First published on MSDN on Jul 04, 2017
Guest post by
Microsoft Student Partner at the University of Oxford
Hi I am currently studying Computer Science at the University of Oxford.
I am the president (2017-18) and was the secretary (2016-17) of the Oxford University Computer Society, and a member of the Oxford University History and Cross Country societies. I also lead a group of Microsoft Student Partners at the university to run talks and hackathons.
F# is an incredibly flexible language, and amongst its many benefits is the ability to use
to access and manipulate data from external sources. A type provider allows you to create a .Net type at runtime without the need to declare the type in code - this facility is not dissimilar to LISP's macro features. In F# you might use a type provider in place of a code generation, e.g. for writing wrapper types for a database schema. In this article we use a web page to generate a type that we then use for extracting data from other similar pages, and then we look at how to extract data from a CSV file.
So long as you have
installed you can follow this guide using any editor, but you can make your experience a little easier by also installing
Visual Studio Code
plugin. This plugin has several useful features, but the most useful are its IntelliSense and type annotations features, which are even available for types created by a type provider!
Visual Studio Code
Once you're setup you'll need to install the
PM> Install-Package FSharp.Data -Version 2.3.3
Parsing and consuming data from HTML is traditionally a heavy task requiring a large amount of code; often a task as simple as extracting the column names of a table will require dozens of lines of code.
We're going to take a look at a simple problem: each year the cast and crew members of a film will often win several different awards (e.g. Academy Award, Golden Globe), and we would like to find the names of the cast or crew members that won the most awards for that particular film.
To start off with, we'll take a look at the
accolades received by Spotlight
, 2016's Best Picture winner at the Oscars. The results are presented in a table like this:
To start off with, we need to use the HTML type provider to create a new type based on this page. Create a new file called
(an F# script):
Next, we have to request the data for that specific page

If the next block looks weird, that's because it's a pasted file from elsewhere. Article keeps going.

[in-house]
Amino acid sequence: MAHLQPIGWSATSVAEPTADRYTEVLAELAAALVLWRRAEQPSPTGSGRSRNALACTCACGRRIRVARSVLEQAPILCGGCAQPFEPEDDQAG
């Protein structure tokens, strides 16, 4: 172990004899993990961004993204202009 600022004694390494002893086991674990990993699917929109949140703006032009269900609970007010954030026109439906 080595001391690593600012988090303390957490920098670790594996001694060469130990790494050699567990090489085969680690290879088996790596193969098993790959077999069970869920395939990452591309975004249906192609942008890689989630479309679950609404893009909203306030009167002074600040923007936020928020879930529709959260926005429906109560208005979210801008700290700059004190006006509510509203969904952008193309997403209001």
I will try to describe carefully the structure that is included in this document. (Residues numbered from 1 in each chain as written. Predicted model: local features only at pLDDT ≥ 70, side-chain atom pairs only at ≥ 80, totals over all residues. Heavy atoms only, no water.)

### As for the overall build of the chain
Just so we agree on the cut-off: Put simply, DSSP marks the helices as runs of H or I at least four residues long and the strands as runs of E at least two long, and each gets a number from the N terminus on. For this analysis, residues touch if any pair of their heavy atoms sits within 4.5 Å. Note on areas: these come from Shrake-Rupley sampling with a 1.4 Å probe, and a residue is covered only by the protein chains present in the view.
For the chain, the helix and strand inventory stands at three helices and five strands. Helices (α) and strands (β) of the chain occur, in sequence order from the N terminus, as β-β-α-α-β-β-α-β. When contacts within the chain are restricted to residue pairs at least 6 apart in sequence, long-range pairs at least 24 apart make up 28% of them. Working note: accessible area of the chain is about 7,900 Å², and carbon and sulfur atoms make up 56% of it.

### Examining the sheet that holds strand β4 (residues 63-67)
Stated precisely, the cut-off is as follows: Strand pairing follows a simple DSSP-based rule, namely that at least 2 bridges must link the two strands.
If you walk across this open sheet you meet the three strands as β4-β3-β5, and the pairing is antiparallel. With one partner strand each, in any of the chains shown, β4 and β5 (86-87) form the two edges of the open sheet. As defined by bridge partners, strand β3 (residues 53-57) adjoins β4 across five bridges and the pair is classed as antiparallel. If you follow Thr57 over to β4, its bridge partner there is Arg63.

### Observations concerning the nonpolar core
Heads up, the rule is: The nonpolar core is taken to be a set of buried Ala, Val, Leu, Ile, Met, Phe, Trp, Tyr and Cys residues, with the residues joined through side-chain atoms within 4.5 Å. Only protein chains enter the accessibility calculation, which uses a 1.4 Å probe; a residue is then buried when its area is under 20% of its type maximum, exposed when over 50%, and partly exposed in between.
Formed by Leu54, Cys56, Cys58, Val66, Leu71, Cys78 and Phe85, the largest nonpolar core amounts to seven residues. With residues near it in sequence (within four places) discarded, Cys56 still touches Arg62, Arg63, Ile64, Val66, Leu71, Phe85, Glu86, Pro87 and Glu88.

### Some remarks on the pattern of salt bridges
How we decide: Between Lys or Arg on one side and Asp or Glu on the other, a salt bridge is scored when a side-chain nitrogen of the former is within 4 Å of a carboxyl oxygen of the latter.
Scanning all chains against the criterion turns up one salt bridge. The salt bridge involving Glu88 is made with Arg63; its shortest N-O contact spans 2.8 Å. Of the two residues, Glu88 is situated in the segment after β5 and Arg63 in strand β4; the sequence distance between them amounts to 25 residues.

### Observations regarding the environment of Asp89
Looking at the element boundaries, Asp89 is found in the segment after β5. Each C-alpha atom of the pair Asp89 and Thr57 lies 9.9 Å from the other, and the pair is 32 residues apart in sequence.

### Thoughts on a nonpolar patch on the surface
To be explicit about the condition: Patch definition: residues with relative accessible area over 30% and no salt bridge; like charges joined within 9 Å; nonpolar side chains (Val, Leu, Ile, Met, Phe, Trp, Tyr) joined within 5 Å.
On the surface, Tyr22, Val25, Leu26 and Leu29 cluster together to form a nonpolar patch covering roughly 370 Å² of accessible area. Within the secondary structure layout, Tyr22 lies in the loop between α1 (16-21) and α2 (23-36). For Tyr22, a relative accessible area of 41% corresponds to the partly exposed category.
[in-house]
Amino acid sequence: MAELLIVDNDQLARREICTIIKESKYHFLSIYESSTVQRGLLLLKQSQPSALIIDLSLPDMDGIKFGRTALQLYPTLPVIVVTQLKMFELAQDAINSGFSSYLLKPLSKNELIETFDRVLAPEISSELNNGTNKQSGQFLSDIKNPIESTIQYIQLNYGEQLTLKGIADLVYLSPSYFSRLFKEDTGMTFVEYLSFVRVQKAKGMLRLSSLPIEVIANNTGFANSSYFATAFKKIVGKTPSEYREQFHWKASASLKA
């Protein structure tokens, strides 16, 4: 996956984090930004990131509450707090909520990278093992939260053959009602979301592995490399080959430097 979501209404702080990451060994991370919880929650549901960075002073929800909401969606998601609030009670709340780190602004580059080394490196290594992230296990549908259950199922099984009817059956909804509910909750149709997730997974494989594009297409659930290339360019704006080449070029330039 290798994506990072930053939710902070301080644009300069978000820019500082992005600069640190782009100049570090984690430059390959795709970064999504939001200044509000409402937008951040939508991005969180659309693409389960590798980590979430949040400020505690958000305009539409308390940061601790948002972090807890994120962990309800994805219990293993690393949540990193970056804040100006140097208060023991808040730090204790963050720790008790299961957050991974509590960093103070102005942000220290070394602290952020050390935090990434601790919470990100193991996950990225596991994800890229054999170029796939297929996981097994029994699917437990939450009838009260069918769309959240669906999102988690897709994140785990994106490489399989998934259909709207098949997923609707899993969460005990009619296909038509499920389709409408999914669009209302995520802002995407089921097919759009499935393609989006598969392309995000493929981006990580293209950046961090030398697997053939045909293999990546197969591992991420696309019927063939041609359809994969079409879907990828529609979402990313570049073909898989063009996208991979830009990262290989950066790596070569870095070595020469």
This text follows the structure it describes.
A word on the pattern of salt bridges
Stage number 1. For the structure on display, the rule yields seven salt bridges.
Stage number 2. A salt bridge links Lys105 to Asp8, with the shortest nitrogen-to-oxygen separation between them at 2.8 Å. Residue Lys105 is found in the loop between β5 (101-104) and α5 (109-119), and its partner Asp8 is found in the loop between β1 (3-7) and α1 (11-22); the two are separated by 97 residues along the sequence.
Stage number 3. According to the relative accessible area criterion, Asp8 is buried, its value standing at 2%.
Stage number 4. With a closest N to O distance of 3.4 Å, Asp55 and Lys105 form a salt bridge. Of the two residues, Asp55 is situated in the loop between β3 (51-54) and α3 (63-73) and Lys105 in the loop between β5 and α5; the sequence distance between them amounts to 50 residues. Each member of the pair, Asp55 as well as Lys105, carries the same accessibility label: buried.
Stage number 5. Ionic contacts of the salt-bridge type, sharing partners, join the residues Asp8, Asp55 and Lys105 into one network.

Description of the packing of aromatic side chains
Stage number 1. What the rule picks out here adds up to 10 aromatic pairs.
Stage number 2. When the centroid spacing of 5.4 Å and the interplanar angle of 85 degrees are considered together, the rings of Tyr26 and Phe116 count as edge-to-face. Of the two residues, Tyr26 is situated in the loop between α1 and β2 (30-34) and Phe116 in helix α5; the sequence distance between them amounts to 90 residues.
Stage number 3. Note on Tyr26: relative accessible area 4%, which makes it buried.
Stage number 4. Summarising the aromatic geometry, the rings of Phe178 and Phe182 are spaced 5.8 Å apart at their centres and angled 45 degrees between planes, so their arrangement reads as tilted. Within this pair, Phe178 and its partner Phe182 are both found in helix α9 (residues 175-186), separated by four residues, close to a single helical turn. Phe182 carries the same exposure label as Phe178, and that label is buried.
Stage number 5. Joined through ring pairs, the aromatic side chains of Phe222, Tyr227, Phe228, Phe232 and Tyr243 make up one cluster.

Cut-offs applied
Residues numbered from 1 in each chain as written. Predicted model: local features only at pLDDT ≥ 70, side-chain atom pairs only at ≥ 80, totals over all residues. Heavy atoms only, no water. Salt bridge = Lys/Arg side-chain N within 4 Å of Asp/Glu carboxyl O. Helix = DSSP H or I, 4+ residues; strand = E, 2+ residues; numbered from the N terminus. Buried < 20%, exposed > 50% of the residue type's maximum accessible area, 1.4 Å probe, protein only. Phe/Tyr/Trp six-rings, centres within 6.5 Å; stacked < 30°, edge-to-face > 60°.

is an object of type
, which has properties
- this is standard across all types created by the HTML type provider. However, the properties available off each of these properties varies based on the schema that the type was provided by. In our case, the
property has an
property, which contains the table data from the page. If you use the Ionide plugin with Visual Studio Code, as described above, you can see this in the IntelliSense suggestions:
Collecting the results together can be done in a few lines of F#. We need to do the following:
Filter out any results that were not wins
Group results by the winner
Count the number of wins for each winner
Sort the winners by number of wins
This can be done as a simple F# function that takes the accolade table as an argument:
let awardNumbers (data: AccoladeData) =
|> Seq.filter (fun row -> row.Result = "Won")
|> Seq.groupBy (fun row -> row.``Recipient(s) and nominee(s)``)
|> Seq.map (fun (person, awards) -> (person, Seq.length awards))
|> Seq.sortByDescending (fun (person, count) -> count)
Each table row is also of a type constructed by the type provider, and it will have properties for each column (e.g. the result, the recipient, etc). Finally, we can print the results:
for (person, count) in awardNumbers spotlightData do
printfn "%s,%d" person count
Whilst this example is interesting for a single page, what about other pages with the same table of data? Simply by changing the URL that we load from we can also print the same results for another film:
Finally, we could then collect this data for several films at once in parallel and then print the results for each film:
The F# Data package also provides a type provider for CSV files. Much like the HTML provider, you can also access all the column names as properties. Here's a simple example that extracts data from the British Government's list of
MOT testing stations
let [<Literal>] MOTUrl =
// No need to specifically declare a type from the type provider if we are
// loading from one source
let data = new CsvProvider<MOTUrl>()
let stationsPerArea =
// Once again, column headers are the properties
|> Seq.groupBy (fun row -> row.``VTS Address Line 4``)
|> Seq.map (fun (location, rows) -> (location, Seq.length rows))
|> Seq.sortBy (fun (location, count) -> count)
for (area, count) in stationsPerArea do printfn "%s,%d" area count
This is just a small glimpse of what you can do with F# data providers - the F# Data package also includes data providers for JSON files, for example.